Necrons could be downright miserable to play against if you weren’t prepared for them, and going up against them in events where Battle Points were often used for tiebreakers basically meant your army had to have a way to score 100 VP to reasonably compete. (Note: Sisters see a major spike in this if you drop the chart to 97+ VP, as they had a secondary that capped at 12. They’d score 97+ VP 12% of the time, while Necrons would hit that number 20% of the time).

As we’ll see however, the faction still has plenty of solid scoring options in Arks.

On top of the faction nerfs, all three of their remaining secondaries were adjusted downward. Ancient Machineries can’t be done by vehicles (though it can still be done by Scarabs and Wraiths), and doesn’t finish end of game but it still scores 4 VP each time you do it and completes at the end of turn with an ObSec unit (which all your units are), so it hasn’t changed much in terms of scoring. Treasures of Aeons dropped to only scoring 4 VP for controlling all three markers, so it’s harder to max and that’s reflected in the 1.2 VP drop in average scoring.

The big loser here is Purge the Vermin, which now requires units be wholly within and can’t be scored in the first battle round, making it substantially worse. It’s now much more easily replaced by a kill secondary in many matchups and potentially a worse pick than Behind Enemy Lines against many opponents.


The Orks lost one major secondary – Da Biggest and Da Best – but saw improvements to Get Da Good Bitz (why?) and Green Tide. Biggest and the Best was a relatively common pick but not particularly great, especially in lists taking Ghaz, so its removal wasn’t the end of the world, particularly as Ork players can take kill secondaries in its place.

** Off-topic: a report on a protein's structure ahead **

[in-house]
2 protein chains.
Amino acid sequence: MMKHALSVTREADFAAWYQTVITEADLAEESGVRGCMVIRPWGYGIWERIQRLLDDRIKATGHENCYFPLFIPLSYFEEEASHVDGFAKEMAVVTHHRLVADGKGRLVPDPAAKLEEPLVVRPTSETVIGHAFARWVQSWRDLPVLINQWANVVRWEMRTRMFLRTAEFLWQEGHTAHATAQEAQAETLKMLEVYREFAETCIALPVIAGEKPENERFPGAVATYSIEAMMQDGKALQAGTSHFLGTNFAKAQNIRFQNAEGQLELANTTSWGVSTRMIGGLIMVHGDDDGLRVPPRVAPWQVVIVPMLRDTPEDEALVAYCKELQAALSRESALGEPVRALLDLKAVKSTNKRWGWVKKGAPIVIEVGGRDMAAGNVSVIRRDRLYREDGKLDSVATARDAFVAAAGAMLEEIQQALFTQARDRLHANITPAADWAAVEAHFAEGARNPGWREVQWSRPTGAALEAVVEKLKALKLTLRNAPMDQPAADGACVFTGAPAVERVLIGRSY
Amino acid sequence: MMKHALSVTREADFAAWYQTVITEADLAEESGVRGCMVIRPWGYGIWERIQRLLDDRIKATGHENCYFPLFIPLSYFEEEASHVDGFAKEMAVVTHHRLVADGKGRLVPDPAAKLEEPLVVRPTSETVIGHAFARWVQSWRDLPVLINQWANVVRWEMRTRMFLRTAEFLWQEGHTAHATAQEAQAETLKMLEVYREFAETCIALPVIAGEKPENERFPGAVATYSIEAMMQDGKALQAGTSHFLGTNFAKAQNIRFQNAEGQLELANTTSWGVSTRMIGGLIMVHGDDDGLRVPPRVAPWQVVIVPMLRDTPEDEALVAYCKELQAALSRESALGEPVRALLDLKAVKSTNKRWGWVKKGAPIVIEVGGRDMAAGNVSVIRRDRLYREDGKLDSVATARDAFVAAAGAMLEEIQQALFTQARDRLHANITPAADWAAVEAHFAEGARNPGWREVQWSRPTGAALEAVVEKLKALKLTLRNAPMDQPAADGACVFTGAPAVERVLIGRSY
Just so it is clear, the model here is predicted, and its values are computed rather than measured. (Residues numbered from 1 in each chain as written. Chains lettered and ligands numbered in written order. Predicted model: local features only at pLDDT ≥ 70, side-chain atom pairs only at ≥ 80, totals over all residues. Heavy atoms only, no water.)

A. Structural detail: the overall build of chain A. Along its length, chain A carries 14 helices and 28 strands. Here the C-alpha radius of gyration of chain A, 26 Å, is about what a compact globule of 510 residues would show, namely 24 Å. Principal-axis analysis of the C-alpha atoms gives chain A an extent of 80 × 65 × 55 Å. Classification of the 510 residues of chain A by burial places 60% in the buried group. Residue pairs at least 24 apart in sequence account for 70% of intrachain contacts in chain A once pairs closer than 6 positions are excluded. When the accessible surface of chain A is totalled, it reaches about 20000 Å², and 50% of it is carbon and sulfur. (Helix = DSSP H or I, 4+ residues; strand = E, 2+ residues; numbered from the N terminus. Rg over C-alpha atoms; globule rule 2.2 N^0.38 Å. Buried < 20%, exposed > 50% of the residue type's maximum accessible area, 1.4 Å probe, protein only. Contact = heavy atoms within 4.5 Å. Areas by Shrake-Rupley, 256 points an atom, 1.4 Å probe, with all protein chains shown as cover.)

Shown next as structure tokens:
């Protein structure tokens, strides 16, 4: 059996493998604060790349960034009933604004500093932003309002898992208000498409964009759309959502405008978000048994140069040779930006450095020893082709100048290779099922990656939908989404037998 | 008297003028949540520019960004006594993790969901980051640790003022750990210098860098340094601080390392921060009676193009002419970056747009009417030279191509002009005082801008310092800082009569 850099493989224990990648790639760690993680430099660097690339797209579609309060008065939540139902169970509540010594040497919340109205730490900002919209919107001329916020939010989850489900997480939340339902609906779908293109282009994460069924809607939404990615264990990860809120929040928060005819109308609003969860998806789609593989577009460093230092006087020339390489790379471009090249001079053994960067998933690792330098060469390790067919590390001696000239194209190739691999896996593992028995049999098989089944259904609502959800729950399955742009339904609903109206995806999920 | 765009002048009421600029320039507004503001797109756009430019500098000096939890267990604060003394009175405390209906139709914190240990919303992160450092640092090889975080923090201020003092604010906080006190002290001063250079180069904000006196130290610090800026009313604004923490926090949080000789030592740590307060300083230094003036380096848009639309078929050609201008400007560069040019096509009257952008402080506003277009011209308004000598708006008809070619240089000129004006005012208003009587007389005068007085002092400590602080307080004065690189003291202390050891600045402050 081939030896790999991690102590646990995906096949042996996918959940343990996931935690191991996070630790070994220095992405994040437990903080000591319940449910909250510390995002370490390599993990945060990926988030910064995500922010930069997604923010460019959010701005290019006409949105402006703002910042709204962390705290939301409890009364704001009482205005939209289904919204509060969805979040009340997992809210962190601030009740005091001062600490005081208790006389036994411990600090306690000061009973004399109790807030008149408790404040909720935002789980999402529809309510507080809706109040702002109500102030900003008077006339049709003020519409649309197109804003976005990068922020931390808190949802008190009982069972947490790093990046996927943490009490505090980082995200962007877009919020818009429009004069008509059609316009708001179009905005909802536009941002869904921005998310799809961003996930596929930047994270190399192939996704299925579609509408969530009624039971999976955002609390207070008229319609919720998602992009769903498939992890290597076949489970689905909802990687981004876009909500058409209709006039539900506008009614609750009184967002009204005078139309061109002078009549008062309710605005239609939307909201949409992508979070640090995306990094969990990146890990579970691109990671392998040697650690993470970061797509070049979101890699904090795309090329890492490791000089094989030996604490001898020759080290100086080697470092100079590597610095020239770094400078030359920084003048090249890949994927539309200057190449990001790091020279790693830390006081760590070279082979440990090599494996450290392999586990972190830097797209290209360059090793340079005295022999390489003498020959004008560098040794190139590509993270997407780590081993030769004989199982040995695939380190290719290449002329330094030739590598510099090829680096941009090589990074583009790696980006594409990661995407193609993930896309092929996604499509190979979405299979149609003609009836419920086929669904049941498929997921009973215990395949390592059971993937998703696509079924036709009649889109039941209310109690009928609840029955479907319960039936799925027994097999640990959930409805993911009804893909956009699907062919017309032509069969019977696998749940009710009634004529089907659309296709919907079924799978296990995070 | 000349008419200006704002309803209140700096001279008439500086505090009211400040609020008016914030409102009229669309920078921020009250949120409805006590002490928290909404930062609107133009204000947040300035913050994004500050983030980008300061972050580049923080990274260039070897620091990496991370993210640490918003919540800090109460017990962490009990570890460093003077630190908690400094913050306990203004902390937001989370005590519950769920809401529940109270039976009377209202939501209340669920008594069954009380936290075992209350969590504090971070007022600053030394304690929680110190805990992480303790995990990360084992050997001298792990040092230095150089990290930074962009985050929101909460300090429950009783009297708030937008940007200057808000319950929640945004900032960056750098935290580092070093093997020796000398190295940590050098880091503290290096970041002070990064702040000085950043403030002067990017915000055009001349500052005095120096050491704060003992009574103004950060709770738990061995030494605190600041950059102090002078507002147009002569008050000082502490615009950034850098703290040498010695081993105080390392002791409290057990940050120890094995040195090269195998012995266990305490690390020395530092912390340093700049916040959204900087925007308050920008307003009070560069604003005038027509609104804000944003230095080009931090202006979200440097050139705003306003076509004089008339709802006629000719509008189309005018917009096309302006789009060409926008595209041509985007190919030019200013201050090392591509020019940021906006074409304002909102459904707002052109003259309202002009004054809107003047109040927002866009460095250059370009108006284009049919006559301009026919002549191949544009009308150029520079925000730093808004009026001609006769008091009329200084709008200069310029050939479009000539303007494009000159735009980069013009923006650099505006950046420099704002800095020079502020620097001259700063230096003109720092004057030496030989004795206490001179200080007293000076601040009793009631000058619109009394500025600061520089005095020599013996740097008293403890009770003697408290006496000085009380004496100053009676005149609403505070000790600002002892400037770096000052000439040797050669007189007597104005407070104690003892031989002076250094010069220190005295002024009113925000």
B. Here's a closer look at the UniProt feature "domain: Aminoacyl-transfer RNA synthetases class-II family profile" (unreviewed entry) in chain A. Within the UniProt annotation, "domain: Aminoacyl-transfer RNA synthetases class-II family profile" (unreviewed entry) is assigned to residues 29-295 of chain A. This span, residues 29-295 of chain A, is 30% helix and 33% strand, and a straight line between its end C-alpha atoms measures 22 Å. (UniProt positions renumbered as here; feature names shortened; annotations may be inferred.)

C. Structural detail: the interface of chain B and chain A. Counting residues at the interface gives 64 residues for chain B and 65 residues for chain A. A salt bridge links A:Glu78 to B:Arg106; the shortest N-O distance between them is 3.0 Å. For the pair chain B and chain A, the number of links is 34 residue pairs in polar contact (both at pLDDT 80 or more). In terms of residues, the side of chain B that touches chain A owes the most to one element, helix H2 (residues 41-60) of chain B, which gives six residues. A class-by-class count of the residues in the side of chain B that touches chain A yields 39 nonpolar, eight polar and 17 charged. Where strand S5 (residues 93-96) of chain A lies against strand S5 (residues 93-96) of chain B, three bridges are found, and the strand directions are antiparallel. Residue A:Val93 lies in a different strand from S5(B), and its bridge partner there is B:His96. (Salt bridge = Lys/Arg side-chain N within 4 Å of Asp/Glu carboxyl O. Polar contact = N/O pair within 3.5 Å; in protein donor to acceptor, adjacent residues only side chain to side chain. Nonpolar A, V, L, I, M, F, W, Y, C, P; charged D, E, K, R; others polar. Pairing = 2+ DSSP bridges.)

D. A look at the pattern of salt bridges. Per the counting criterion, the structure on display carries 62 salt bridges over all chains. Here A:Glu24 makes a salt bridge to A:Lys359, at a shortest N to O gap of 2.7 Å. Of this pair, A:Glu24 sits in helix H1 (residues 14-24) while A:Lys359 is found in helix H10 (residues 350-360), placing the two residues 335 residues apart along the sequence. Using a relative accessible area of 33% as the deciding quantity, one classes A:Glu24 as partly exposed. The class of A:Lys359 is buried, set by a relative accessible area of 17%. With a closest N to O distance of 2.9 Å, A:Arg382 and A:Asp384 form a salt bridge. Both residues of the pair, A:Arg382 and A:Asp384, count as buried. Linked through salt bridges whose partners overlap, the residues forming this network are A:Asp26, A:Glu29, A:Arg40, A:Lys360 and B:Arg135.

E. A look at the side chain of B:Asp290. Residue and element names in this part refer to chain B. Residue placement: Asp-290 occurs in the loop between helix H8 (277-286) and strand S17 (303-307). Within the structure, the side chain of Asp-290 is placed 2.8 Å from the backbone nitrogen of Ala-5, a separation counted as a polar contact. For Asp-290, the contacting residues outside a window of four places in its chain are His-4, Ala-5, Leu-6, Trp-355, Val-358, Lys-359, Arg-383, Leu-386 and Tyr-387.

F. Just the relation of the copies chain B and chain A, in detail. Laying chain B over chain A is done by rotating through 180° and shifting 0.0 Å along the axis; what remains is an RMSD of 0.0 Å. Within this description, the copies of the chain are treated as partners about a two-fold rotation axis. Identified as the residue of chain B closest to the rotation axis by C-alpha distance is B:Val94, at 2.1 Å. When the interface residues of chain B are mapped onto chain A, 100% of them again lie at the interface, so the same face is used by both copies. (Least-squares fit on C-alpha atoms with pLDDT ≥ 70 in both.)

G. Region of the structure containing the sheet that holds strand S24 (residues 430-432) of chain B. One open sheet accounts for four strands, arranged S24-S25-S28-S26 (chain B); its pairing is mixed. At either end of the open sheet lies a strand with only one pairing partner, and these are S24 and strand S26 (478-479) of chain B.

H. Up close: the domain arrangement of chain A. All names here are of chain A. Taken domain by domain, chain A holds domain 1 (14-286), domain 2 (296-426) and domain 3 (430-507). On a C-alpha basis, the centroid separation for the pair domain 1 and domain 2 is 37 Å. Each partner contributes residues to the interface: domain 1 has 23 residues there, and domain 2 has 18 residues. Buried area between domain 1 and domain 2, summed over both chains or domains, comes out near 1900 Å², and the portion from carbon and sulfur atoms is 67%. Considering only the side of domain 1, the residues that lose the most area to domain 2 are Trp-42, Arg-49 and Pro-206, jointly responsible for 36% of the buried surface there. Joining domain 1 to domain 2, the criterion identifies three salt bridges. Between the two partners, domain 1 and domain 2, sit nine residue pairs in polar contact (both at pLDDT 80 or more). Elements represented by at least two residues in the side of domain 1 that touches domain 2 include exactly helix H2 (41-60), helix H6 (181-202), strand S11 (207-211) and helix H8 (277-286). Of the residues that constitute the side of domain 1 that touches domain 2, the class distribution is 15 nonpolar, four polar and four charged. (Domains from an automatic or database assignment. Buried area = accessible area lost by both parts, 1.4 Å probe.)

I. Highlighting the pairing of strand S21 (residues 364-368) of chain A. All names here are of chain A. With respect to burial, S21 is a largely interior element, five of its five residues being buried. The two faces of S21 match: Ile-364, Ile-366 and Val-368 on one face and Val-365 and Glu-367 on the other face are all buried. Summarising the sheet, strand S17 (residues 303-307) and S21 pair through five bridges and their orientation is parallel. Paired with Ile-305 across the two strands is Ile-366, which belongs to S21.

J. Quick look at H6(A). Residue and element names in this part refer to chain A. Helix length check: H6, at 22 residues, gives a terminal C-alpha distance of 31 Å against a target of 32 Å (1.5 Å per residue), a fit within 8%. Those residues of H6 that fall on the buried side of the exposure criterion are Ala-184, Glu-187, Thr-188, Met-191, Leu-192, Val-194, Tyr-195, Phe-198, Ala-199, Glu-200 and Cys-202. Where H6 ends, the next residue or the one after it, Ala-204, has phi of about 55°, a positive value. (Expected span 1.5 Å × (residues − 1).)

Get Da Good Bitz is now one of the game’s best secondaries, a near auto-pick for the faction and worth an average of 12.3 VP per game. While it may only complete at the start of your next Command phase, getting 4 VP per action (to a max of 6 per round) means that on most maps, getting 6 VP with this action is inevitable and getting 10-14 is almost certain. Green Tide helps this by rewarding you for something you already wanted to do – putting models in each quarter – and it’s easier to score now that you only have to be 3″ away from other table quarters. These can be supplemented with Kill and Psychic secondaries as needed.

T’au Empire

None of the T’au secondary objectives changed going into Arks, keeping things consistent for the faction as it saw some minor nerfs, mostly the in form of nerfs to flyers that prevent bombers from being the dominating force they were at the end of Nephilim.

The biggest shift here is for A Clean Victory, which was already a rare pick for the faction and not worth much in terms of average VP.


The Tyranids were something of a terror of the meta heading into Arks, and so rightfully saw some nerfs on a number of fronts. Synaptic Insight became a bit harder to score, requiring a tally of 5+ to score VP, and Cranial Feasting saw a tweak to the roll to regain CP.

Synaptic Insight made an already bad secondary worse, and as a result it just doesn’t see play. But that’s pretty much the story for all of the Tyranid secondaries and the faction, similar to Craftworlds, just tends to rely on generic secondaries for scoring, where they have a good mix of mobility, damage, action economy, and durable psychic characters.


Wrapping it All Up

That wraps up our look at secondary objectives. As always, if you have any questions or feedback, drop us a note in the comments below or email us at contact@goonhammer.com.